Pope Declares Death Penalty Inadmissible in All Cases

ROME — Pope Francis has declared the death penalty inadmissible in all cases because it is “an attack” on the “dignity of the person,” the Vatican announced on Thursday, in a definitive shift in Roman Catholic teaching that could put enormous pressure on lawmakers and politicians around the world.
Francis, who has spoken out against capital punishment before — including in 2015 in an address to Congress — added the change to the Catechism, the collection of beliefs for the world’s 1.2 billion Catholics.
The revision says the church would work “with determination” for the abolition of capital punishment worldwide.
“I think this will be a big deal for the future of the death penalty in the world,” said John Thavis, a Vatican expert and author. “People who work with prisoners on death row will be thrilled, and I think this will become a banner social justice issue for the church,” he added.
Sergio D’Elia, the secretary of Hands Off Cain, an association that works to abolish capital puni…

Nebraska notifies death row inmate Carey Dean Moore of drugs it plans to use in execution

Potassium chloride
LINCOLN — Nebraska prison officials have notified another death row inmate they intend to carry out his execution using an untried combination of lethal drugs.

The Nebraska Department of Correctional Services said Friday it provided the execution notice to Carey Dean Moore, who shot and killed Omaha cabdrivers Reuel Van Ness and Maynard Helgeland in the summer of 1979.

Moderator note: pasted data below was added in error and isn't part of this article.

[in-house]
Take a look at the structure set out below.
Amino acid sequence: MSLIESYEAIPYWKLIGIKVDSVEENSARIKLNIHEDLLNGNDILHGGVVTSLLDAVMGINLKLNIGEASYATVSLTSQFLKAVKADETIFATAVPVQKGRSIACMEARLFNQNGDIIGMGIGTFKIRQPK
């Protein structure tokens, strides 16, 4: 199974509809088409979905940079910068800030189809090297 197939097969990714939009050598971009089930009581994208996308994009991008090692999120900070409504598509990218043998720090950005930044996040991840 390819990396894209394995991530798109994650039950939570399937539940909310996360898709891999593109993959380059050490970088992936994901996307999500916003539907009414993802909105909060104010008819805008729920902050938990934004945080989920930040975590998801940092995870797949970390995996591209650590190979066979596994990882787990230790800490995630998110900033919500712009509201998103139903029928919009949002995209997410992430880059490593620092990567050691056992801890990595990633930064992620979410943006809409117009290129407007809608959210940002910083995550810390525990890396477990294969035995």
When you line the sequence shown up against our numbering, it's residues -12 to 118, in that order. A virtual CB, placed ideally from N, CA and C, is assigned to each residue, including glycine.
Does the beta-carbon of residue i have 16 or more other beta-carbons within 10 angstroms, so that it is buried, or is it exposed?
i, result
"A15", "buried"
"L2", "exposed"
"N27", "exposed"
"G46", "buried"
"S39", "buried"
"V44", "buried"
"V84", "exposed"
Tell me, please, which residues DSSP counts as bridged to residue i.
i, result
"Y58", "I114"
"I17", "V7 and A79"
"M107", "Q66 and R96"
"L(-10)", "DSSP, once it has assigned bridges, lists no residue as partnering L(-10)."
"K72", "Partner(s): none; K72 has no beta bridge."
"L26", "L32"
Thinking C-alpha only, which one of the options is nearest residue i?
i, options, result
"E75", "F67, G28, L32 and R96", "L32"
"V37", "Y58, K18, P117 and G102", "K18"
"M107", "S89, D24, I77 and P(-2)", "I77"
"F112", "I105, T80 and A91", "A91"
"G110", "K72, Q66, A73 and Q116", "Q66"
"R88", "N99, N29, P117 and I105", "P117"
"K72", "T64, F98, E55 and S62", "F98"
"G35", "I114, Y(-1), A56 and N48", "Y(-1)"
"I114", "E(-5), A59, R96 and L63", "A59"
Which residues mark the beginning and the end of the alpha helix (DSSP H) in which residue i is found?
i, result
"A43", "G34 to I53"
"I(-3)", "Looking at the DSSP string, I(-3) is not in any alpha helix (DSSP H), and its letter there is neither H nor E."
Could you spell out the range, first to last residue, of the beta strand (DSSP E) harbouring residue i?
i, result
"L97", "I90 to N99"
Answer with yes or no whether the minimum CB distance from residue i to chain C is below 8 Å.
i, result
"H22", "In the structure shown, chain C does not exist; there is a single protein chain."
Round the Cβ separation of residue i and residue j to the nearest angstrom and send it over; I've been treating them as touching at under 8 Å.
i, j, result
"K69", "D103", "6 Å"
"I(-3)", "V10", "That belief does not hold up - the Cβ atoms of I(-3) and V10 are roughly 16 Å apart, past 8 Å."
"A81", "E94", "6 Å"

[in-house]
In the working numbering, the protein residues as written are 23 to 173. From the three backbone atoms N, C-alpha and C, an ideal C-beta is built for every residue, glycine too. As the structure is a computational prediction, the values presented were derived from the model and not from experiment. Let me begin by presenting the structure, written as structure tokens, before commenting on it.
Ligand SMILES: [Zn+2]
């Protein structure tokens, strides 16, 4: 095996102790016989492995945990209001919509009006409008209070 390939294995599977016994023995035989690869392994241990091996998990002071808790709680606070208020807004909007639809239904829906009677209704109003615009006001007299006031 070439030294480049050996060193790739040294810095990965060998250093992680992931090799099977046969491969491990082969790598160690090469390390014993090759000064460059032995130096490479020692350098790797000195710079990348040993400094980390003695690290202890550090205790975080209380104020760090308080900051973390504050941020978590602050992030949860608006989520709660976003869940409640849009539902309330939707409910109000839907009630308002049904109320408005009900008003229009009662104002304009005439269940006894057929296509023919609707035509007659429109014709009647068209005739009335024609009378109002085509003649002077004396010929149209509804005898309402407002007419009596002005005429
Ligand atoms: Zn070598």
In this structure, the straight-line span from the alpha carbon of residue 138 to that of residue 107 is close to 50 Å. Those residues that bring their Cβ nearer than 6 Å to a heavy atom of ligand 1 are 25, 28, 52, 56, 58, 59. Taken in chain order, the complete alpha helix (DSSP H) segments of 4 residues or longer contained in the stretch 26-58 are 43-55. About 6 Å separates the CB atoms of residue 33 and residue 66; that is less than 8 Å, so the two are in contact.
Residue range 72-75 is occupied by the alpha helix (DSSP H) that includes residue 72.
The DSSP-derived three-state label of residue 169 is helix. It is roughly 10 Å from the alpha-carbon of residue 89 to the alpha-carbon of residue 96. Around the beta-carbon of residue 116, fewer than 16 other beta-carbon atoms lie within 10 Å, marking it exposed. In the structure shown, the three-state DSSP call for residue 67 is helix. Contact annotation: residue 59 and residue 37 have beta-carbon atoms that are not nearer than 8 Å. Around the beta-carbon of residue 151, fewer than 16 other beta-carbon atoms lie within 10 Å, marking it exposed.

The letter from Scott Frakes, the department’s director, informed Moore that it intends to use the following drugs in sequence: diazepam, fentanyl citrate, cisatracurium besylate and potassium chloride. They are the same drugs Frakes has said were obtained before a similar notice was given to death row inmate Jose Sandoval in November.

The state’s execution protocol requires inmates to be given notice of the drug at least 60 days before a death warrant is requested to carry out a lethal injection.

Attorney General Doug Peterson has not yet asked the Nebraska Supreme Court to issue a death warrant for Sandoval.

The four-drug combination Nebraska intends to use has not been used in any other lethal injection execution. Over the years, states have found it increasingly difficult to obtain execution drugs because manufacturers say they don’t want their products used in capital punishment.

Moore, 60, is the longest-serving inmate on Nebraska’s death row. Six times the Supreme Court has set execution dates for Moore, but each time the execution was stayed.

Twice Moore told the courts to disregard his appeals because he was ready to die. Both times, however, he changed his mind.

Source: BH News Service, Joe Duggan, January 19, 2018

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"One is absolutely sickened, not by the crimes that the wicked have committed,
but by the punishments that the good have inflicted." -- Oscar Wilde

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